By Kevin Westerling,
Survey data on U.S. consumers’ attitudes toward public drinking water confirms tough times now, but hints at better days ahead.
Finally, Americans are considering the value of water. Though everyone innately knows that water is vital to life, U.S. consumers have become so accustomed to cheap, plentiful, and clean water that they stopped thinking about how that water gets to them. Unfortunately, it has taken prolonged drought, the tragedy of Flint, and numerous contamination concerns — those around PFOA/PFOS, algal toxins, and frack water to name a few — in order to get Americans' attention.
A recent poll by MWH Global, now part of Stantec, testifies to this awakening and provides detail on U.S. attitudes toward water and infrastructure. The top-line takeaway is that nearly half (48 percent) of those surveyed said that "not having easy, low-cost access to water is an issue facing U.S. communities," which is a sizable increase from the 39 percent with the same concern from MWH's 2015 survey. Most respondents (68 percent) backed up that sentiment by supporting more public spending for improving and maintaining water infrastructure. Sixty-two percent also said they were likely to spend more on products that require less water during manufacturing, suggesting that corporate social responsibility can bring financial benefit to a company in addition to being good for water security.
Those are the statistical highlights from MWH's press release, but there are other interesting revelations to be had with a deeper look into the full survey. Two trends stuck out to me — one a troubling sign of current times, and one that may foreshadow a better future.
The Rise Of Bottled Water
“How much more or less bottled water do you buy now, compared to a year ago?”
That was the question posed in the MWH survey, and it revealed that 42 percent of people are lately buying more bottled water, while just 17 percent are buying less. Furthermore, 57 percent of parents — more apt to make purchasing decisions based on health concerns — are increasingly turning to bottled water and (one can assume) away from the tap. Though no analysis is offered, it seems to indicate a waning of confidence when it comes to public water. That would be a shame considering the excellent overall track record of drinking water utilities, not to mention the extra cost and environmental footprint associated with bottled water.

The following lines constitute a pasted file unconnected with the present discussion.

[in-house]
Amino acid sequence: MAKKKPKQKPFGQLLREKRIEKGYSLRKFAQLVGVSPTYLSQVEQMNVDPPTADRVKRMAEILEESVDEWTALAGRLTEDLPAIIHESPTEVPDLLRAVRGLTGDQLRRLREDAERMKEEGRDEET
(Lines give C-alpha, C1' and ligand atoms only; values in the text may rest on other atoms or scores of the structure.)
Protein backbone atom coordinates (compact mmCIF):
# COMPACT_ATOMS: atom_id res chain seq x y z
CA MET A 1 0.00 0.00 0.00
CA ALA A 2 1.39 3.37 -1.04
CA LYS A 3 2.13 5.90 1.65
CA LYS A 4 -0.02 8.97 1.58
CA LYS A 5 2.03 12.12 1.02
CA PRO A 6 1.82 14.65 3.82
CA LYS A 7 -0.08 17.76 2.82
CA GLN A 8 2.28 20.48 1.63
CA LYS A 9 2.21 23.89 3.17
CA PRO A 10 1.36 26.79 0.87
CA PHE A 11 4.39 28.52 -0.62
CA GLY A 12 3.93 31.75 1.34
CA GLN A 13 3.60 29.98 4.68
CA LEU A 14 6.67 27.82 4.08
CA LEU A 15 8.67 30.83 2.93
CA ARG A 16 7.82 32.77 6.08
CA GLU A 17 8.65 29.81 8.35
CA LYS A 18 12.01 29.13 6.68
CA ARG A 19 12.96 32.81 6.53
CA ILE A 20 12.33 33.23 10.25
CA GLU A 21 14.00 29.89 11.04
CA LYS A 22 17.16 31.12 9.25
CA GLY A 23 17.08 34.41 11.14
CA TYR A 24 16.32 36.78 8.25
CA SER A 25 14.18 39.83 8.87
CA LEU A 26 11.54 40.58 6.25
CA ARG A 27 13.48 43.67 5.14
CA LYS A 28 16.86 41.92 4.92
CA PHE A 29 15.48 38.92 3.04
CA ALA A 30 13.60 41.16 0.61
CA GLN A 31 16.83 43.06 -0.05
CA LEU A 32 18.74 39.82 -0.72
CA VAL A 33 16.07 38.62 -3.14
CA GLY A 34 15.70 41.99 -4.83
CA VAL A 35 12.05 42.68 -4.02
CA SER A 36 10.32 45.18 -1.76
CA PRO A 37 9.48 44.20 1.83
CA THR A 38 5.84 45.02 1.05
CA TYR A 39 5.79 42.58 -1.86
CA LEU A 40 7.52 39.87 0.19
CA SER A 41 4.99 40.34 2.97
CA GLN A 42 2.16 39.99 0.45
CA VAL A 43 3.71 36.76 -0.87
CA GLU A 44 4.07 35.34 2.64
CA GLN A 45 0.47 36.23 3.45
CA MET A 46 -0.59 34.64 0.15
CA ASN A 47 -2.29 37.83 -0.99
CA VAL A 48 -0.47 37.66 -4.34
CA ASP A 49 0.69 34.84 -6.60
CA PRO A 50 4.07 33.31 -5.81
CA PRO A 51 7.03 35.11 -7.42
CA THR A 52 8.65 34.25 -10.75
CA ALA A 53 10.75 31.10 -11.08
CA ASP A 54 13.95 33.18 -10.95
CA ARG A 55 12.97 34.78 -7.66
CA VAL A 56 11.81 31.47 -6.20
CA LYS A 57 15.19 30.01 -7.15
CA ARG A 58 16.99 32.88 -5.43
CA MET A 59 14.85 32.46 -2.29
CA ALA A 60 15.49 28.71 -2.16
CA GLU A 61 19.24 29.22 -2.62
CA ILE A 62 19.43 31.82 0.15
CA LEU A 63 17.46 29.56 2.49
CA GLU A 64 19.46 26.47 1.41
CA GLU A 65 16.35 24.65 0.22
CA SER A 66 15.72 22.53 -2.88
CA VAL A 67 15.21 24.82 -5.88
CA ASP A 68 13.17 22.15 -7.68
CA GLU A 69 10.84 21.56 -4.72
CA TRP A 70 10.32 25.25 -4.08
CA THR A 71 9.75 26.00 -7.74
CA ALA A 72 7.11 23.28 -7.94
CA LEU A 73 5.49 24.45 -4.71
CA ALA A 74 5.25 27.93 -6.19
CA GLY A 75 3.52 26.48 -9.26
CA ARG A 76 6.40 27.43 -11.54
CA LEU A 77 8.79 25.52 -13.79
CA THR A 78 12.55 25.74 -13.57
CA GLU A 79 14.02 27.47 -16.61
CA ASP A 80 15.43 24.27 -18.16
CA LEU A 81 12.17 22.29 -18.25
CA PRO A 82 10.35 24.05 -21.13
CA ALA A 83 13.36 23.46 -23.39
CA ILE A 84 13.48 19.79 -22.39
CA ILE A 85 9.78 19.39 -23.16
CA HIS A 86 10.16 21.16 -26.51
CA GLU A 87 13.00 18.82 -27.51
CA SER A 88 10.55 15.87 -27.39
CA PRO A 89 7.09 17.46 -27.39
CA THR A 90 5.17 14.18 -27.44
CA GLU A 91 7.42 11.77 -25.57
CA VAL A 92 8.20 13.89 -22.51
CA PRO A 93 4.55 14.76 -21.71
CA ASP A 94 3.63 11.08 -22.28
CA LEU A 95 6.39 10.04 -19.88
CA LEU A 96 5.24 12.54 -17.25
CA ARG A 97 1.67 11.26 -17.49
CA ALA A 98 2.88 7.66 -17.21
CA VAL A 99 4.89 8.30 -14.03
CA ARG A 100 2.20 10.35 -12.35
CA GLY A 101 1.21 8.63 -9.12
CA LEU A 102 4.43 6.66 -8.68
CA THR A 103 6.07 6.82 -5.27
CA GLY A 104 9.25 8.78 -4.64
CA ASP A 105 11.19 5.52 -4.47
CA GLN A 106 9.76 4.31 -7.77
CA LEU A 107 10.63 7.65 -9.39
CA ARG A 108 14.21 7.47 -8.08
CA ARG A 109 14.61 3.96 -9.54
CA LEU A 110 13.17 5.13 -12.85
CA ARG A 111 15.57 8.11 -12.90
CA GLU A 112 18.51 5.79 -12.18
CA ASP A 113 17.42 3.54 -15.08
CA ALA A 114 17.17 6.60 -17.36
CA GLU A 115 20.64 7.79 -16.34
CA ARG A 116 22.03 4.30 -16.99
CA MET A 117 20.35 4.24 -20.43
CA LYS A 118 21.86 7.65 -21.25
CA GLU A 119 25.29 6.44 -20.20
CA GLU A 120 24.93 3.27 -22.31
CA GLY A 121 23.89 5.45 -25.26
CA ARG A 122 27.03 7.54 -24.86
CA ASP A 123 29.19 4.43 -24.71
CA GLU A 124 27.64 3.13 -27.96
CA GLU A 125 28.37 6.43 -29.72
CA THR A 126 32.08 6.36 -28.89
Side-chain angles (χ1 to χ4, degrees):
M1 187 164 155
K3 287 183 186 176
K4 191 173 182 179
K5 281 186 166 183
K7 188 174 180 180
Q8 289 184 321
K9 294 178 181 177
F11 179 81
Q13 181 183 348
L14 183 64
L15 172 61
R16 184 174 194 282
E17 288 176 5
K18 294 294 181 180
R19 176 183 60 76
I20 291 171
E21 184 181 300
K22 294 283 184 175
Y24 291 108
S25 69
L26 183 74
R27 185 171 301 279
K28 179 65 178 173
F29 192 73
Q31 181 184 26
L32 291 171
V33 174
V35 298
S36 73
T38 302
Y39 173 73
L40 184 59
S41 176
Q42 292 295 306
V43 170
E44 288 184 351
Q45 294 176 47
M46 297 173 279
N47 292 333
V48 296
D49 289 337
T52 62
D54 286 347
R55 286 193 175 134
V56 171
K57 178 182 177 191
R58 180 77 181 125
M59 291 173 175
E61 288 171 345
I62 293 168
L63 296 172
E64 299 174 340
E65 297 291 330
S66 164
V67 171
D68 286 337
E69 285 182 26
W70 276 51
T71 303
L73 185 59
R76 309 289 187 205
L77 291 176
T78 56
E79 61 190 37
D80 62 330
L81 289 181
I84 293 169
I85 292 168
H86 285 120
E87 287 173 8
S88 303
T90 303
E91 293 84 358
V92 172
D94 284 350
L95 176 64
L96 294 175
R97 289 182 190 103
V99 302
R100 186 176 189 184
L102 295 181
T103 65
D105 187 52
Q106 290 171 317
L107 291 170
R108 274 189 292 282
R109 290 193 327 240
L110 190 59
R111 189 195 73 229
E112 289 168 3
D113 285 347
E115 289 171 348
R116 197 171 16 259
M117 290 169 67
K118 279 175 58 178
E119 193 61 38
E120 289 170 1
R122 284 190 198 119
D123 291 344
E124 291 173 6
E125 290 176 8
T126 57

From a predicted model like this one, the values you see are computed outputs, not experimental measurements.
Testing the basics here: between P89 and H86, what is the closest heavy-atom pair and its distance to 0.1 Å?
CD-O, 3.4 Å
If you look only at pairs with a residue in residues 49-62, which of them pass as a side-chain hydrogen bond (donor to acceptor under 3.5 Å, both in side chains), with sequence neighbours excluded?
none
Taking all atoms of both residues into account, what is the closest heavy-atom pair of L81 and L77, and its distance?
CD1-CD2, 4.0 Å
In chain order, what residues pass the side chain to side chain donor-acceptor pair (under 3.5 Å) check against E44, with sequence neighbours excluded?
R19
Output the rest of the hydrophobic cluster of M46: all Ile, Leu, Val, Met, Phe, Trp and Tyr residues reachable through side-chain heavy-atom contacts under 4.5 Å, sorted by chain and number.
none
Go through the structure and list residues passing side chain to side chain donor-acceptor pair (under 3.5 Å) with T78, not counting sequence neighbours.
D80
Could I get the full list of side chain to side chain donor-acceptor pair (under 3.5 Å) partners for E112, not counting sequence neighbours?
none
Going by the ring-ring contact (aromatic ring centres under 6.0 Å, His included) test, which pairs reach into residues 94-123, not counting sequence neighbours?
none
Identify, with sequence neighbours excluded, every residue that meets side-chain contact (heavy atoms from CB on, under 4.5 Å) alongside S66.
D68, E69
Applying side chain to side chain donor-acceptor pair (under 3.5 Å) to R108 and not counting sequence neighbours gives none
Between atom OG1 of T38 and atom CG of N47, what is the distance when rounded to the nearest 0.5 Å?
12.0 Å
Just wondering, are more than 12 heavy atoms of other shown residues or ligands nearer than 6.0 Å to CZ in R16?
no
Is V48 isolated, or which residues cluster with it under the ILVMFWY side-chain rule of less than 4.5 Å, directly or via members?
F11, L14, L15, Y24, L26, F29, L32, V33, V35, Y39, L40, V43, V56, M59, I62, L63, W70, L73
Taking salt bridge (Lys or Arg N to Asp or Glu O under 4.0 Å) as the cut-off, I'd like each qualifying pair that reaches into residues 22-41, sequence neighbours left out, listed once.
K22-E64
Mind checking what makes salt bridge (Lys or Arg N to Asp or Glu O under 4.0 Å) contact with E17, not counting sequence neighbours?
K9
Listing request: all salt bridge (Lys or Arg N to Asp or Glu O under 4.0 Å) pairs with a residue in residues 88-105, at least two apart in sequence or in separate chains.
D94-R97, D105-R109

Confirming the survey findings, the International Bottled Water Association (IBWA) boasted record production volumes for 2015; and while a good portion of the market gain came from chipping away at soft drink companies, the fallout from the Flint, MI lead contamination crisis was a boost to bottled water by wrecking consumer confidence in tap water. The distribution system being the main culprit in Flint (along with poor planning, oversight, and O&M), the MWH survey reflects the impact in that 35 percent of respondents expect current water infrastructure to last less than five years.
Drinking water aside, there is a scarcity issue in parts of the U.S. (particularly out West, but also in the Southeast) that demands conservation in terms of overall household usage — for bathing, laundry, lawn care, etc. — which is opposite the old ‘cheap and plentiful’ paradigm. Alternative water sources, necessary when the proverbial well runs dry, can often be more expensive; indeed, consumers are often spending more now for using less water. Industrial practices that save water can also be more expensive, resulting in a higher list price. The good news is that Millennials, hopefully a harbinger of lasting change, are even more willing than older generations to reward companies that conserve water. While 62 percent of MWH survey respondents said they would likely pay a premium, the number jumped to 74 percent for Millennials. Seventy-seven percent of Millennials say they are concerned about the amount of water it takes to produce everyday items, meaning that nearly the entire set is willing to back up their concern with their wallet. An earlier poll, conducted by the Value of Water Coalition, revealed that Millennials (age 18 to 39) are also more willing to pay higher water rates to fund infrastructure than those age 40 and over.
If the concern over water footprint extends to bottled water companies — since it reportedly takes 1.63 liters of water to make every liter of [Dasani®] bottled water — then Millennials could also lead the charge back to the tap. It seems a perfectly consistent stance, shirking industrial water waste, until you factor in the wild card of water quality concerns.
And while the water industry on the whole may have been dealt a bad hand for having to answer for Flint’s failures, the attention could be the impetus for infrastructure investment, improved water quality, and restoration of consumer confidence. As more Americans turn their attention to the value of water, let’s hope the intense scrutiny ultimately results in well-earned appreciation.